Torrential rain this morning made us grateful for the splendid day we had enjoyed yesterday, but it did prompt an early departure for Louisa, Errol, Jessica and Imogen, who needed to return to Mapperley in Nottinghamshire.
When the deluge had desisted I took my Hordle Cliff top walk. The blustery wind roaring off The Solent, tore at the tresses and the raiment of a group of young women being propelled up the steps from the shingle. The fragile black scarf of one of them had been snagged on a bramble. I helped her free it.
It is a common phenomenon that some distant members of families only meet at weddings and funerals. I had last met my cousin Maureen at the funeral of her father, my Uncle Derrick. Marcus Derrick Knight had been my Auntie Gwen‘s executor. When Maureen had been clearing out her parents’ bungalow she had discovered various memorabilia of Gwen. Having thought I was the person who should have them, she brought them to Chris’s funeral on 31st October, and handed them over. There were various framed certificates, photographs, an eulogy, and a medal. The bronze coloured medallion records her length of employment at the Association for the Propagation of the Faith. This service is described in the APF newsletter framed by Gwen herself with the addition of an in memoriam card that must have been inserted by her brother. My godmother, born in 1904, would have looked, when I was born in 1942, as she does in the memorial card. I remember her more as in the later photograph illustrating the magazine article. What that piece does not describe is Gwen’s transport to and from Wimbledon Station from her homes, first at 18 South Park Road, then 9 Latimer Road. This was a sturdy upright bicycle on which she travelled everywhere, even into old age.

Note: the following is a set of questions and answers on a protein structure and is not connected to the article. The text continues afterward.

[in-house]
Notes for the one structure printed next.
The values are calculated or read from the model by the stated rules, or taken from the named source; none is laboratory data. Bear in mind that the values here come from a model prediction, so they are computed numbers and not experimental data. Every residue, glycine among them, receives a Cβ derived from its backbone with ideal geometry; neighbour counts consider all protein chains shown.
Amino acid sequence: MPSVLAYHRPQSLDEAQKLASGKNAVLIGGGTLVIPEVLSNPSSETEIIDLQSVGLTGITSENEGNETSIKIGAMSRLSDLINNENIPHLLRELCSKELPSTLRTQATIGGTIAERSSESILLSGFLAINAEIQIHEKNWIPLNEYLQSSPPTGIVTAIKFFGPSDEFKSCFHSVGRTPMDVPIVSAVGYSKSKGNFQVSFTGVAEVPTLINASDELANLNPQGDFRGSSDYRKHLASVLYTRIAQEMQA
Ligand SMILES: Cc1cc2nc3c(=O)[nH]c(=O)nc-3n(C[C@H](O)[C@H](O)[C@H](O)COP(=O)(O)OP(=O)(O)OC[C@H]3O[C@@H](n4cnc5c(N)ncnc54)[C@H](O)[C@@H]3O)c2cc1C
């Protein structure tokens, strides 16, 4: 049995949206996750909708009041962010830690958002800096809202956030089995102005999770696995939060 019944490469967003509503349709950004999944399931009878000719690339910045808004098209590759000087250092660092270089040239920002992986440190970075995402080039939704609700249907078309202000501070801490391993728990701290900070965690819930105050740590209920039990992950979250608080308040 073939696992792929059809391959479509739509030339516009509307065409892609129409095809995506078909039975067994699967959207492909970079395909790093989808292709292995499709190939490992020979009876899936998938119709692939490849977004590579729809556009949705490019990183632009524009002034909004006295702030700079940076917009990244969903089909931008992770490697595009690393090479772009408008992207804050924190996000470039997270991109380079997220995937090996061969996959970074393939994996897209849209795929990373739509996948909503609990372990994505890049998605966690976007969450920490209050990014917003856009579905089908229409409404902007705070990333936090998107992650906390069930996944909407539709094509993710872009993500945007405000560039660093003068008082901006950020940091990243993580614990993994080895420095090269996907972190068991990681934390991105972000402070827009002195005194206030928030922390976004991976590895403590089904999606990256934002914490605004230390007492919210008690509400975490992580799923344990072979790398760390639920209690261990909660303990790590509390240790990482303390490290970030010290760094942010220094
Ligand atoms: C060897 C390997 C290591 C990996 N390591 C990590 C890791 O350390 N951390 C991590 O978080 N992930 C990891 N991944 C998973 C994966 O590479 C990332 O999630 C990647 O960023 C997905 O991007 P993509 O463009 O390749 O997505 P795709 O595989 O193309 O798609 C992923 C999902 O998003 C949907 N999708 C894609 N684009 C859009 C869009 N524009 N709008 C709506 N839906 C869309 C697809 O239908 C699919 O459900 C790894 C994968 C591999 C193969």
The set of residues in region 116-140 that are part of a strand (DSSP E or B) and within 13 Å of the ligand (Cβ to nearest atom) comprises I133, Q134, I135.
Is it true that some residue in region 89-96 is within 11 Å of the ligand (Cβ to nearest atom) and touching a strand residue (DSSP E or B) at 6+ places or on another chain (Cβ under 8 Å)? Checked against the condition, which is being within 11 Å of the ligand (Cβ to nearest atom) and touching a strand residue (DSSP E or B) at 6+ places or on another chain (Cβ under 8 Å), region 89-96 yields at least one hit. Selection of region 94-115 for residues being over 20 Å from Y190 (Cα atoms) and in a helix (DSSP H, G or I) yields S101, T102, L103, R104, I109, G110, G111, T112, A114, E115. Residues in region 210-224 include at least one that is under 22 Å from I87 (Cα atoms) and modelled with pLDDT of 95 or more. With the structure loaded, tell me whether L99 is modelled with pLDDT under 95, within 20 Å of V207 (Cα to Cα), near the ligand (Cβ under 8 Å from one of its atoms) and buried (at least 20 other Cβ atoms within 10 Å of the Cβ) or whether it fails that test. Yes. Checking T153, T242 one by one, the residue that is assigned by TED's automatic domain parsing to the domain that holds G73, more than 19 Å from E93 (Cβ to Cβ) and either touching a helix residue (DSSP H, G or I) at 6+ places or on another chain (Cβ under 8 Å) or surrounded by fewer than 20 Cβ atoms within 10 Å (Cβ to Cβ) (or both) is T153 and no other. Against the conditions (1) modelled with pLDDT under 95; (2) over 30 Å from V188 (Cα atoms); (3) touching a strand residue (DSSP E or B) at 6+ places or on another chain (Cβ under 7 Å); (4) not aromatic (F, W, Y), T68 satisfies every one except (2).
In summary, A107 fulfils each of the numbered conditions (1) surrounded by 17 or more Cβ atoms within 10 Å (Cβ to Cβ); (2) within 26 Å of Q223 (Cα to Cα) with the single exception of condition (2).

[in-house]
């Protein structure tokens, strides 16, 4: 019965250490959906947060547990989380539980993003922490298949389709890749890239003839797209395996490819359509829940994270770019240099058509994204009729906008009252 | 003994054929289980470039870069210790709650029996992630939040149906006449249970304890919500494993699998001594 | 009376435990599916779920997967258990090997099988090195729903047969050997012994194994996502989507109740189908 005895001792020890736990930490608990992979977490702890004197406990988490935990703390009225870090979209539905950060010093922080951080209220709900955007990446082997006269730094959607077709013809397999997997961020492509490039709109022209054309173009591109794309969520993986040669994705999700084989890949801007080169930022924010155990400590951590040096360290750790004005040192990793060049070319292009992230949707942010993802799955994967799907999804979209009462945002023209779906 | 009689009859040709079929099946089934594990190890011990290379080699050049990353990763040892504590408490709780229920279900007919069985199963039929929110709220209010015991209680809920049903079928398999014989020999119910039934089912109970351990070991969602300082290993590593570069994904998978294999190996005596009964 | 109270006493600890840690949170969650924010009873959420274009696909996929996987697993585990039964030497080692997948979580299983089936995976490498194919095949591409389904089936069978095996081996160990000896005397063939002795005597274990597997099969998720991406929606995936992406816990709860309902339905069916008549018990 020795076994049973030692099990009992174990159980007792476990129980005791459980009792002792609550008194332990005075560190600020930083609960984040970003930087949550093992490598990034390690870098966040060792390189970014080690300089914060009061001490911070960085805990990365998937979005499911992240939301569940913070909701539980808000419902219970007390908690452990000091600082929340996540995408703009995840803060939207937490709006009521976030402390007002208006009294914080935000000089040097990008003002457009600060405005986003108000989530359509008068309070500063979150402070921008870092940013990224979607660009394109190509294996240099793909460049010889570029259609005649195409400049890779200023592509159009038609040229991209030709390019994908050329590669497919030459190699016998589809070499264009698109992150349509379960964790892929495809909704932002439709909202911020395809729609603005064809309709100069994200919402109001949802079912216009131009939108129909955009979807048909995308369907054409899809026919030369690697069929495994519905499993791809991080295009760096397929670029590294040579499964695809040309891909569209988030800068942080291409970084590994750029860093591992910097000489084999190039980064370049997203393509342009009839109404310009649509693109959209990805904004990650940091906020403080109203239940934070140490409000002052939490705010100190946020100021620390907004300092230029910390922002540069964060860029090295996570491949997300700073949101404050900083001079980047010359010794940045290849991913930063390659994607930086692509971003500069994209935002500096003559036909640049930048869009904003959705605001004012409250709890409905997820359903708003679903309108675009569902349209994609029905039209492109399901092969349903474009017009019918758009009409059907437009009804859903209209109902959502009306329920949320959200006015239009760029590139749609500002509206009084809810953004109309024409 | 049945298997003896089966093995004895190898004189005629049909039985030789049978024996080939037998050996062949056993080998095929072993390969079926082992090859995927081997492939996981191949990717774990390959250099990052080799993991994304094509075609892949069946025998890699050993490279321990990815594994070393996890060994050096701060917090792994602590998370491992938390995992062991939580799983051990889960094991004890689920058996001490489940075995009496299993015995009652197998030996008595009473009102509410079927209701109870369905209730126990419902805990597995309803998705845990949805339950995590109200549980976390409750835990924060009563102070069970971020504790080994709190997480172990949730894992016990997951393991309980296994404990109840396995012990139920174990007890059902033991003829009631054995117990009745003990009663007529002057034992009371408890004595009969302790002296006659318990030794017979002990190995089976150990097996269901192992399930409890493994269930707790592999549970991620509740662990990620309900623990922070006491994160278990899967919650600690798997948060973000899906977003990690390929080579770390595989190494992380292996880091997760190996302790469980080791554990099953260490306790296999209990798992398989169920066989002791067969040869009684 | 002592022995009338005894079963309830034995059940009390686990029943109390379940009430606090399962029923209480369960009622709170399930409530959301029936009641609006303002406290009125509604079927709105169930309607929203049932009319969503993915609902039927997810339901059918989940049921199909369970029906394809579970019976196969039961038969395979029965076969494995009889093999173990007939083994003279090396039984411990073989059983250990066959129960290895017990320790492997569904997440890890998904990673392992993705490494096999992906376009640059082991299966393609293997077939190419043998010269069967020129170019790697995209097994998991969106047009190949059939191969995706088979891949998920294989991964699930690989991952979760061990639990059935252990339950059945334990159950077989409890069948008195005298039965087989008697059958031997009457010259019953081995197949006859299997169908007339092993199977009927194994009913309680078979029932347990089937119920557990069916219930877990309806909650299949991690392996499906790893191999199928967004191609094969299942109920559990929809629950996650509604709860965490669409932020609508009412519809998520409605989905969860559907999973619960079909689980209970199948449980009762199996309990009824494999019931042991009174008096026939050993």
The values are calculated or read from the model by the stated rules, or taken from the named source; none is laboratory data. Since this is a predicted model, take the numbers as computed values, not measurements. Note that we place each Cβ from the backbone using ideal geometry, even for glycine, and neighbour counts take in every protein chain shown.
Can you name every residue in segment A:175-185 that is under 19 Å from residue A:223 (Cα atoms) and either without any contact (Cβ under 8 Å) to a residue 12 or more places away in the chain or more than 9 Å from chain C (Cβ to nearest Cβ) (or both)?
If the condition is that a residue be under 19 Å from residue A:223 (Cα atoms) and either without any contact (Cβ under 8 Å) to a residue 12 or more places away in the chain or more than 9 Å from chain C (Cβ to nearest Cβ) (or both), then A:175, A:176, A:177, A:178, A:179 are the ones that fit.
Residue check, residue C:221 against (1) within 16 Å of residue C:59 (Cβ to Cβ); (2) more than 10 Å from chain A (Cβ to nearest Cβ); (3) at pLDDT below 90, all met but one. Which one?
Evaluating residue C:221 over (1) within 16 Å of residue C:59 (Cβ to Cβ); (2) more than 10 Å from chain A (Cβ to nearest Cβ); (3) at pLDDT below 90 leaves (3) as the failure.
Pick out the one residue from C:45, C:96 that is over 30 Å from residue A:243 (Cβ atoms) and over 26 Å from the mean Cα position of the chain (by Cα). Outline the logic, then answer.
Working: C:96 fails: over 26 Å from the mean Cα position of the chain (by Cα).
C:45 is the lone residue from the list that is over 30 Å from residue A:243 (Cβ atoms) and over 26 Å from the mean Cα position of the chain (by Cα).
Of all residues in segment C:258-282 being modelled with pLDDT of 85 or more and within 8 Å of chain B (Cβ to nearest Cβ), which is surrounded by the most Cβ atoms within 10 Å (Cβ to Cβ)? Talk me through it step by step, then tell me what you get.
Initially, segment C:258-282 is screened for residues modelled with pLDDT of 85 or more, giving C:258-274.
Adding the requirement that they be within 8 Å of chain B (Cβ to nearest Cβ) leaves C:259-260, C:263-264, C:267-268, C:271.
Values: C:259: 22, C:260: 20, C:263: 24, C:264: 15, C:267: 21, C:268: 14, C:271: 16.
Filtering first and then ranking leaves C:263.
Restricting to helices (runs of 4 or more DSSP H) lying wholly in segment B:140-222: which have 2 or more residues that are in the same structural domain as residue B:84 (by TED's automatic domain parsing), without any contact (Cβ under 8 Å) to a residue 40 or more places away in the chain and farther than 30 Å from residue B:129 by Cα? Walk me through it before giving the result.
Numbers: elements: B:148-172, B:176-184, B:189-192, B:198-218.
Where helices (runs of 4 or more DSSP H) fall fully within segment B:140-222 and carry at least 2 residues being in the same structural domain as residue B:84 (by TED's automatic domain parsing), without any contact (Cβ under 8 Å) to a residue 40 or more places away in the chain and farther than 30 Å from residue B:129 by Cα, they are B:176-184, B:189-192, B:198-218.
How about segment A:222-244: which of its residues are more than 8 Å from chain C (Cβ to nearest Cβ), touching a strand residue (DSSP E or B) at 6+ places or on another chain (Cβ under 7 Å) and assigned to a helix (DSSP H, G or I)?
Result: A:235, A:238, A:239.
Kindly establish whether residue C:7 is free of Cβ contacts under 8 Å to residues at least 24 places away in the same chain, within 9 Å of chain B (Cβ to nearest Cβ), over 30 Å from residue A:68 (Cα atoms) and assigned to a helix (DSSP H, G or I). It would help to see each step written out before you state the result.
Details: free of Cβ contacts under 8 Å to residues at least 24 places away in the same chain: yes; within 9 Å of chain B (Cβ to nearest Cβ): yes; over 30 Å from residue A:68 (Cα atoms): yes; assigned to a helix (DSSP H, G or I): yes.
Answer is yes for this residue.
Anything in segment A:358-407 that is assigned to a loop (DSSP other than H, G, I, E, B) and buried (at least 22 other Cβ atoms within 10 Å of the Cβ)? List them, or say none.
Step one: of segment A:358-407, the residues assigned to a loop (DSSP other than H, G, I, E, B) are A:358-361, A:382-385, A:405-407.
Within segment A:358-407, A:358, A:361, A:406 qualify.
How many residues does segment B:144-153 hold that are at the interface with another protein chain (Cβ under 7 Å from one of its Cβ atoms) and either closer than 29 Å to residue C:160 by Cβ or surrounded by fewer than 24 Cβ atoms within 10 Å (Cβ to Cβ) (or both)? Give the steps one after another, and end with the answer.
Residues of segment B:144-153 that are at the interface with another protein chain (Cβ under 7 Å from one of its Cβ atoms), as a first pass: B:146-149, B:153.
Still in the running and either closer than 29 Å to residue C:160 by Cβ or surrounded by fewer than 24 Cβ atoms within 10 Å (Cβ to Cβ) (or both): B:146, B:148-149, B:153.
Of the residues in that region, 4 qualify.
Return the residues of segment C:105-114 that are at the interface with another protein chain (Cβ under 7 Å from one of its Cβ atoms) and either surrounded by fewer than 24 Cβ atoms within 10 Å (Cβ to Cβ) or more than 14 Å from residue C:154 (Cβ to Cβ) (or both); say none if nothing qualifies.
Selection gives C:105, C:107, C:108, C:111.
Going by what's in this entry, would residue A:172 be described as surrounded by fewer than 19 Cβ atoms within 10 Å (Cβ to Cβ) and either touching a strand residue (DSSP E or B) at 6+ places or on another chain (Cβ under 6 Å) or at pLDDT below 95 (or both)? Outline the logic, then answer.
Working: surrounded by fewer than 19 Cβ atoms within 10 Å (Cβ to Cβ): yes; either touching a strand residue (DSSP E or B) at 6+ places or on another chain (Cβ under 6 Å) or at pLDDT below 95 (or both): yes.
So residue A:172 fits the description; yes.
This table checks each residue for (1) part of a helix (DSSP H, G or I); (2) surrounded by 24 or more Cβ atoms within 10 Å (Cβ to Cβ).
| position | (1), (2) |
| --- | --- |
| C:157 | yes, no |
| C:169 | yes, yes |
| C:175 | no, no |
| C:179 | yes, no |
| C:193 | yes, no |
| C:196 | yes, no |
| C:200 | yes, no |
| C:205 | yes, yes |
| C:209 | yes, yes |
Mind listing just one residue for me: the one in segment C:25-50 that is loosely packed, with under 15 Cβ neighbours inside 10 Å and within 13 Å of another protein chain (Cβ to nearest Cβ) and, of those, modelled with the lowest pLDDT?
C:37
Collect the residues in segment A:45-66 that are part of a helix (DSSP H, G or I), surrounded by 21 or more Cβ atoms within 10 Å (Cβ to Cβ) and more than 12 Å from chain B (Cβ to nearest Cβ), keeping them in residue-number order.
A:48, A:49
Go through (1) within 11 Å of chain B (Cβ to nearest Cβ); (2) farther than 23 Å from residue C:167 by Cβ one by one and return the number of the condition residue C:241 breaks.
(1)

The cross mentioned by Canon Mark Swaby must be the gold papal medal that Derrick had given me after Gwen’s death. It was almost certainly stolen in the burglary at Newark mentioned in my post ‘The Rosewood Wine Table’.
The Gwen I could not possibly have remembered was photographed around 1908. The delicately tinted print bears the stamp of Britannia’s Ltd, 8 Emery Lane, Boston, and was framed by F.J.Salisbury of 64 Upper Tooting Road, London, SW17. This gem from the early years of photography would grace our walls even if we were unable to identify the subject.
For dinner this evening Jackie produced delicious lamb jalfrezi (recipe) and exquisite egg fried rice, followed by fruity blackberry and apple crumble and custard. She drank Cimarosa Pedro Jimenez reserva 2013, and I drank Kingfisher.